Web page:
Karyn: I have a similar experience, yes. Basically, I listen for the songs to sing themselves to me. Usually, my process is that I listen to the songs as just guitars and drums over and over. It’s not difficult for me because I love the atmospheres so much. Then, at a later time, perhaps while I’m walking somewhere, I’ll hear the songs play in my mind and I’ll also hear some vocal melodies. I do my best to remember them if they sing to me this way. Later, when I’m rehearsing, I try to fit those melodies into the songs, where, instead of being something I hear, they start to take shapes. For example, when I was working out vocal lines for Benevento, they looked like serpents, green and yellow, climbing up tree branches. So, I made sure my vocals went up and curved in those ways. Those images ended up being the softer melodies of that song. So, I listen and I watch the songs tell me how to sing them.

In 2017, you released your book Italy’s Witches and Medicine Women Volume 1 (here). What have the responses been like to your book? And any plans for further volumes?

Karyn: The book has been really wonderful on many levels. I’ve learned (and continue to) a lot and it’s changed my life in unexpected ways. It’s quite charged- many people feel the voices of spirits of women and men who were burned in the inquisition through passages in the book, and people also feel connected to the people I interviewed in the book. It’s also given many people a validation they’ve been looking for on their path. It’s really a book about feminine traditions: whether men, women or non-binary gendered people are using them.

It’s work that continues, there are more stories to tell.  It’s not a path I chose for myself, I never intended to write a book at all…and it’s fascinating that there’s so much to history that survives through oral traditions and hasn’t been written down before, as is the case with much of rural Italian traditions.

We live in increasingly secular times, with science and reason making continued challenges to religion and the occult. Why is it that despite such criticisms that the image of the witch remains a very potent one? Is it gender related?

Karyn: Because the world sees life through masculine eyes. If societies were to embrace the witch, and the women behind the myth, they’d have a lot of apologizing to do… and rearranging of how we live life.

Society has been set up this way since those ancient times when male warring tribes invaded communities and reorganized them, and the ensuing control of knowledge, resources, and power.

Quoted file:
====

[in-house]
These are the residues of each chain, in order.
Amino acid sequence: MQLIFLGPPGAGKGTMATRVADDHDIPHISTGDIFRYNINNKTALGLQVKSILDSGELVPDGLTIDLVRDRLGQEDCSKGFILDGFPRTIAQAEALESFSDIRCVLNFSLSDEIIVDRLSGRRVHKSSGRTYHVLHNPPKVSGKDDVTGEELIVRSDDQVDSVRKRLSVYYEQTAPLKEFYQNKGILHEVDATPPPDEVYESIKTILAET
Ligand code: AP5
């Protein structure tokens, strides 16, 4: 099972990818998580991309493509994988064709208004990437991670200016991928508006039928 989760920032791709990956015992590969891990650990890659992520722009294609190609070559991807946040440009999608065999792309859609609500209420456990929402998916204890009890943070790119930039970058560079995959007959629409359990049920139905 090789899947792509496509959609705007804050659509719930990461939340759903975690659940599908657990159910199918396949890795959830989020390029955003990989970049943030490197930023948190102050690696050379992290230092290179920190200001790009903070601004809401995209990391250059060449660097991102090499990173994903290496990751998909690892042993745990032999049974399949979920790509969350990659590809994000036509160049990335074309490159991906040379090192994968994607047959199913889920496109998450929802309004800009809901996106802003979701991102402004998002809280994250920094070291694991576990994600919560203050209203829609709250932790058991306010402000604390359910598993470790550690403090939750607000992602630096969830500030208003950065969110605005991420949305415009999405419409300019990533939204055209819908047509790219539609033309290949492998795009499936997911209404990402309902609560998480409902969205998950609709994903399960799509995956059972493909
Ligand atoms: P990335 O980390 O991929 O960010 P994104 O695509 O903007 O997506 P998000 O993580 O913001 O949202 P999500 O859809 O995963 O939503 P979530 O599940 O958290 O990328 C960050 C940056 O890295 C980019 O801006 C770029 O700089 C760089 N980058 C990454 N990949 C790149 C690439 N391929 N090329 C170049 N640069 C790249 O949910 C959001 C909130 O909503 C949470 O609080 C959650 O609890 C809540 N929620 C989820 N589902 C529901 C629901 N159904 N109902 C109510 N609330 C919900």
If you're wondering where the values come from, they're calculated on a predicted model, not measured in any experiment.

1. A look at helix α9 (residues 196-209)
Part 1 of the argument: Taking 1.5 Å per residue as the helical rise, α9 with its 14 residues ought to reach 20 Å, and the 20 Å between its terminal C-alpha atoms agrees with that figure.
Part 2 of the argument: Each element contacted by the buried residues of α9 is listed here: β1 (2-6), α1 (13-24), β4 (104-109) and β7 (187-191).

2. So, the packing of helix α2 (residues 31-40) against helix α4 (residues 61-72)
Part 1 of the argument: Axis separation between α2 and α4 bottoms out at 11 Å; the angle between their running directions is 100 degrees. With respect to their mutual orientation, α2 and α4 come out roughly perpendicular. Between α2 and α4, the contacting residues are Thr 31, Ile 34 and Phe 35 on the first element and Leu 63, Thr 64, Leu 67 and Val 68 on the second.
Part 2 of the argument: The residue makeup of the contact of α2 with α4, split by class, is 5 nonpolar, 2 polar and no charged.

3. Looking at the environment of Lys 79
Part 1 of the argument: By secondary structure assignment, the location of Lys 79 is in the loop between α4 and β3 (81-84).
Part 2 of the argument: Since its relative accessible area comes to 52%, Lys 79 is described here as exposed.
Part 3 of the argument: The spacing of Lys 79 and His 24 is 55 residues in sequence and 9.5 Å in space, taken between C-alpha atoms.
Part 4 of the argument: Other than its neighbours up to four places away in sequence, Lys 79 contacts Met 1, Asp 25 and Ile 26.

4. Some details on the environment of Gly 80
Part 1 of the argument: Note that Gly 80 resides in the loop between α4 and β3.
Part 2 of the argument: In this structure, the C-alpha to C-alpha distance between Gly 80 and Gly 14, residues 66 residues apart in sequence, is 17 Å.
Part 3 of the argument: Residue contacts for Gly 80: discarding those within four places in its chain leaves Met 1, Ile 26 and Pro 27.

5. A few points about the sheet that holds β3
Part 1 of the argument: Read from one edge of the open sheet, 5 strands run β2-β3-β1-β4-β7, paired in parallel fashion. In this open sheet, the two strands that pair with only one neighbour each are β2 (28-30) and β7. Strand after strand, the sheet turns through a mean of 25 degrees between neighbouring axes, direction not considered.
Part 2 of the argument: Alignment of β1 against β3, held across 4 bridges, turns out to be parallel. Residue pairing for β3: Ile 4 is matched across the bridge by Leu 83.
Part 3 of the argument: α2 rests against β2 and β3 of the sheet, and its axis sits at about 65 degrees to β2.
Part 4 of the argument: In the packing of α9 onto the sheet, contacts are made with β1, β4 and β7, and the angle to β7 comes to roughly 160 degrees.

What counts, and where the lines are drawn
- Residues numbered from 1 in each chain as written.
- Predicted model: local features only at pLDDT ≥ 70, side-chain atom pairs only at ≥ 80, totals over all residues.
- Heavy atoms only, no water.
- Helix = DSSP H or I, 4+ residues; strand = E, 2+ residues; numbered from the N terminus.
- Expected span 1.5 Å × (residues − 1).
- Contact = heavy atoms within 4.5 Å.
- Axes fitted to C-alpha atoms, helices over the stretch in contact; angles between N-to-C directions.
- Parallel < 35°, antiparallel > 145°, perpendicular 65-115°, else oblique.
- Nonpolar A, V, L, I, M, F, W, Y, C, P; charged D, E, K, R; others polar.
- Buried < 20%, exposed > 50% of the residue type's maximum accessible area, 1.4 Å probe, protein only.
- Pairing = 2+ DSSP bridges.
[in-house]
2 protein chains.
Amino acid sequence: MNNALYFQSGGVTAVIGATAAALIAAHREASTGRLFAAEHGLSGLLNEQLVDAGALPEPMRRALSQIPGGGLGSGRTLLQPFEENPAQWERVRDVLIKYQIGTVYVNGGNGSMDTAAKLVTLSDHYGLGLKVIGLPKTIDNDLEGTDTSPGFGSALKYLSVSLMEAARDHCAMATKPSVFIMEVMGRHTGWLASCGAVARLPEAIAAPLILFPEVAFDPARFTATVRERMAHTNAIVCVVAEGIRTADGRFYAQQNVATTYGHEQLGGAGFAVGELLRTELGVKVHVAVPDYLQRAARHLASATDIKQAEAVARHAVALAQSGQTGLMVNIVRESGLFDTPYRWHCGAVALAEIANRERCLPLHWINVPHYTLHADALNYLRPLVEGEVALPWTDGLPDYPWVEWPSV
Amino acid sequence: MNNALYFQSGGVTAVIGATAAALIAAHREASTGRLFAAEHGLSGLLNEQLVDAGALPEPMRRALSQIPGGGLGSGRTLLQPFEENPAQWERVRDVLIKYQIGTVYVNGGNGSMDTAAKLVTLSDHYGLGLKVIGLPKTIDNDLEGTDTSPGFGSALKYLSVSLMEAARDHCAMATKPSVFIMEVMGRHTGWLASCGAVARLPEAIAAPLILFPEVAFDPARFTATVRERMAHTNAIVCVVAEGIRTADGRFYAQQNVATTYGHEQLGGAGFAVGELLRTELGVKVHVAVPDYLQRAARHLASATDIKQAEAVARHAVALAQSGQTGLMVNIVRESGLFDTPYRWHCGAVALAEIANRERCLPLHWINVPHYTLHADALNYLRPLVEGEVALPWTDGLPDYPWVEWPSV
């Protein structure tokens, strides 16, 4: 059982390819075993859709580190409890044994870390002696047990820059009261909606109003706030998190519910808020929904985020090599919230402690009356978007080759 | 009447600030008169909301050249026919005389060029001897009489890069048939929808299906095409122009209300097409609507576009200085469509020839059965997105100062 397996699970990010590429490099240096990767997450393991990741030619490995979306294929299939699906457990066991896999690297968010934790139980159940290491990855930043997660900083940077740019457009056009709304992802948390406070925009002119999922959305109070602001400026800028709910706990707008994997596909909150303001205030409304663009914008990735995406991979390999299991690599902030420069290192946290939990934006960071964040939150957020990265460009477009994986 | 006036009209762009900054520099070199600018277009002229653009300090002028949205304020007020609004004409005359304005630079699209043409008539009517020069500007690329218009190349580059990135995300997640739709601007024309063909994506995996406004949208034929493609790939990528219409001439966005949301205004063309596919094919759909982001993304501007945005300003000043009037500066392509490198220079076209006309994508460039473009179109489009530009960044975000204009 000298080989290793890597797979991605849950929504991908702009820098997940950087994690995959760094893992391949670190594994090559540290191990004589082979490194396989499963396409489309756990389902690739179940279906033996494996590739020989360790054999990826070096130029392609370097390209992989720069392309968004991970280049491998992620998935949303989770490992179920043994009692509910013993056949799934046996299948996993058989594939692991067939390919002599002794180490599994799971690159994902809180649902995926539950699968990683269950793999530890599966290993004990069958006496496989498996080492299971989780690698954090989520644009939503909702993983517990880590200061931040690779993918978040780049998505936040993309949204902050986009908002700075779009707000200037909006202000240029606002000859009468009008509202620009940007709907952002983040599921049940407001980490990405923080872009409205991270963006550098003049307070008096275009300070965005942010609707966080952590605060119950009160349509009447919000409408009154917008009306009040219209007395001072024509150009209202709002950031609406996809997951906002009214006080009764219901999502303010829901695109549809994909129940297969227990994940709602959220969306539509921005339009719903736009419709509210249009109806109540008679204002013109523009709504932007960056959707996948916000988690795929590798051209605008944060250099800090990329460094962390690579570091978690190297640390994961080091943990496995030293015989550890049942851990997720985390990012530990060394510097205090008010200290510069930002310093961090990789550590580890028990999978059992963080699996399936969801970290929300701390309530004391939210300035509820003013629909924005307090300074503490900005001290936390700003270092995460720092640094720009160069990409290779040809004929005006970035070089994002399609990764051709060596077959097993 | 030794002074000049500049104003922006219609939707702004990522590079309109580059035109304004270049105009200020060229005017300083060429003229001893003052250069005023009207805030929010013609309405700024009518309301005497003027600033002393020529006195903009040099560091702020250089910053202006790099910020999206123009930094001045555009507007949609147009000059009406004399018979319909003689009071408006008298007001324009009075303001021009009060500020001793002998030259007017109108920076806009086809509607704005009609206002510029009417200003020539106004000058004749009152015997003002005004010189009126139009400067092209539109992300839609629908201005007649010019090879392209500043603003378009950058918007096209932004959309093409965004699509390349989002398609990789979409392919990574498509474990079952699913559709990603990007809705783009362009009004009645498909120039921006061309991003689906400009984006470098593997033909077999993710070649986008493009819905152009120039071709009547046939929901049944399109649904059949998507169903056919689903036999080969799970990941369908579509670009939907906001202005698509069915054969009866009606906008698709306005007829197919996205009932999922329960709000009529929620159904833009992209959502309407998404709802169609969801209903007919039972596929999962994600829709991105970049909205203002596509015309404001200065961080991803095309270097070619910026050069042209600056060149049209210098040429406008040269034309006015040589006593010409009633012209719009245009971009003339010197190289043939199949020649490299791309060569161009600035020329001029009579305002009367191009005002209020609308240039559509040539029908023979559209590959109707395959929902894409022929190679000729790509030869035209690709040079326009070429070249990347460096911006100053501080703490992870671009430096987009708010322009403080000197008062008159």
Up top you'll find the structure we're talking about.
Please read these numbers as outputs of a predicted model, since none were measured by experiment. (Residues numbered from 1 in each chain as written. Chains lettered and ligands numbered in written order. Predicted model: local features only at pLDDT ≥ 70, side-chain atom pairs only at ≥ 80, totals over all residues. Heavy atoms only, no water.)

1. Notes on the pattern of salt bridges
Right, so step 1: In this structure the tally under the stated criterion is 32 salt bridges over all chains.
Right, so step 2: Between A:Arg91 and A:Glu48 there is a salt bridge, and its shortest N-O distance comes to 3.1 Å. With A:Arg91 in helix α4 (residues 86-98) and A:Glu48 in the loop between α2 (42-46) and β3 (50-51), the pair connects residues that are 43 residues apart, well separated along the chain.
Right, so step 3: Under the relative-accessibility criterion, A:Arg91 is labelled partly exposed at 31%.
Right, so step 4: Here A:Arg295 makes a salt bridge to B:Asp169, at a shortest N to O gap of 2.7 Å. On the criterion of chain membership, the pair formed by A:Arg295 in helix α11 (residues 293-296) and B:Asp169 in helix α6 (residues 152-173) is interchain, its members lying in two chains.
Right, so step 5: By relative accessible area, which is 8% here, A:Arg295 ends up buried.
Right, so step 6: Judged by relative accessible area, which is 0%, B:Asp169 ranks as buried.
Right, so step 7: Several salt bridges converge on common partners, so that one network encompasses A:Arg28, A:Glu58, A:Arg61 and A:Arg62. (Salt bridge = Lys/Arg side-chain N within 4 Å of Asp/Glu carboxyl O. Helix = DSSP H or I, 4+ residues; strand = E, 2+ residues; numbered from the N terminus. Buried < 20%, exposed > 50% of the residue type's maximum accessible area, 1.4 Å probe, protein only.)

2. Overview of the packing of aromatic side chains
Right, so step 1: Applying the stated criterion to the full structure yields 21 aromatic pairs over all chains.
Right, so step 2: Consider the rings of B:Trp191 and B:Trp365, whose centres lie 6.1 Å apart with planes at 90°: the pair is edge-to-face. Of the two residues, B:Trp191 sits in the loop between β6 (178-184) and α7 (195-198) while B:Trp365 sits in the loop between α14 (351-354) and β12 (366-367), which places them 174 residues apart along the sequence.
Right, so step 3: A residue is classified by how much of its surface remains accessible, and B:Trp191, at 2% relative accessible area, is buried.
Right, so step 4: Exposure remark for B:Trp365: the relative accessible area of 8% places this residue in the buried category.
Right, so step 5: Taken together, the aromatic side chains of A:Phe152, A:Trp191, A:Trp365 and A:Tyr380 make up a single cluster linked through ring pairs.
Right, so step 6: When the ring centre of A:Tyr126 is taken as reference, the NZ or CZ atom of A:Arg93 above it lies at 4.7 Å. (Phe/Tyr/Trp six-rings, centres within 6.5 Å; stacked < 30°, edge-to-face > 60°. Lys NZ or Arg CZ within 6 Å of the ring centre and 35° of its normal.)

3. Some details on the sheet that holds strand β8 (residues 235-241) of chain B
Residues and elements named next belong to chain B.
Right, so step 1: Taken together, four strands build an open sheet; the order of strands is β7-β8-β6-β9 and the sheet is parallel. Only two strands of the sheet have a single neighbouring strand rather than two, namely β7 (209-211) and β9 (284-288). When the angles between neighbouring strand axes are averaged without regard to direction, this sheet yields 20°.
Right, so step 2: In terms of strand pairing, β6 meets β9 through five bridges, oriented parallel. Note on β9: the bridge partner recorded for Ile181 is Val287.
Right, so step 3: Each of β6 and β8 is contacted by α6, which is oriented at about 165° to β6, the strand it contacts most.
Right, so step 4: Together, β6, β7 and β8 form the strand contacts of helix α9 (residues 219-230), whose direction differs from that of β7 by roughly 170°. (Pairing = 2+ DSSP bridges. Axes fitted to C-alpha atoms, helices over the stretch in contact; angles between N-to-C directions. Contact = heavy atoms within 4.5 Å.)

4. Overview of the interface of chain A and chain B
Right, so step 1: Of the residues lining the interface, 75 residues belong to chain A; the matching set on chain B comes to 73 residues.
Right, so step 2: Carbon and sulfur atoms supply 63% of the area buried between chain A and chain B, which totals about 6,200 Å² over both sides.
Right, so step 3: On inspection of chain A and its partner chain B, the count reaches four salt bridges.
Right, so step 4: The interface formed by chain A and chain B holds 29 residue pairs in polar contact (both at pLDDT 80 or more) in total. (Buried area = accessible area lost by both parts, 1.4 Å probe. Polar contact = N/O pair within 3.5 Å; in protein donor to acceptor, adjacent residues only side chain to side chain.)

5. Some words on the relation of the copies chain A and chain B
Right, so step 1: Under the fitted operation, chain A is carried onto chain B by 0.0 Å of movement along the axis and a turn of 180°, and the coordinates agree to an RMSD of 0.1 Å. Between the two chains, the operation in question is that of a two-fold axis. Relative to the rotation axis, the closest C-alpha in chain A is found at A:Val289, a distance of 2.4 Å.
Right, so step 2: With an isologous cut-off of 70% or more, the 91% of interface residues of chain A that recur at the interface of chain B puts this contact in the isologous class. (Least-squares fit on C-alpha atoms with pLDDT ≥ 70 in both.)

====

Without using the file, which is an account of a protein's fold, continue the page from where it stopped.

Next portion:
Think of it this way:  Every human being who has ever been born and lived on this planet was birthed through the body of a woman, and her body also nurtured that embryo until it became an independent baby after birth… and her body continued to be able to feed that human being. Men have very little to do with that. This is why the universe was first celebrated as a feminine force, because of the power of the womb. It’s an enormous power: it’s divinity in feminine flesh. The feminine life force is what all religions are built to worship, but they do it through the story of a powerful and punishing male god who is just a synthetic version of the goddess.

Witches are just women who’ve always been connected to this force and higher knowledge. The word witch and the scary tales that go along with it were created to turn people away from that feminine power for socio-economic reasons that started far back with the advent of documented paganism, where we already see the feminine representation of divinity pushed out of the story to make room for the gods. It continued as the church began to create schools for male doctors only (and tried to put midwives out of business) and tried to turn people away from the accessible healing cures of uneducated women who were performing miracles.

Along with them, non-binary genders were demonized… this was the only way to establish male-god-only religions that didn’t include the formerly honoured feminine divinity: to paint an evil picture of her and her counterpart on earth. And as we know, these religions include social control.

Again, thank you very much for taking time out for this interview. Do you have any closing words for our readers?

Karyn: We are rehearsing, with plans to go live. Thanks for your time and thanks for listening!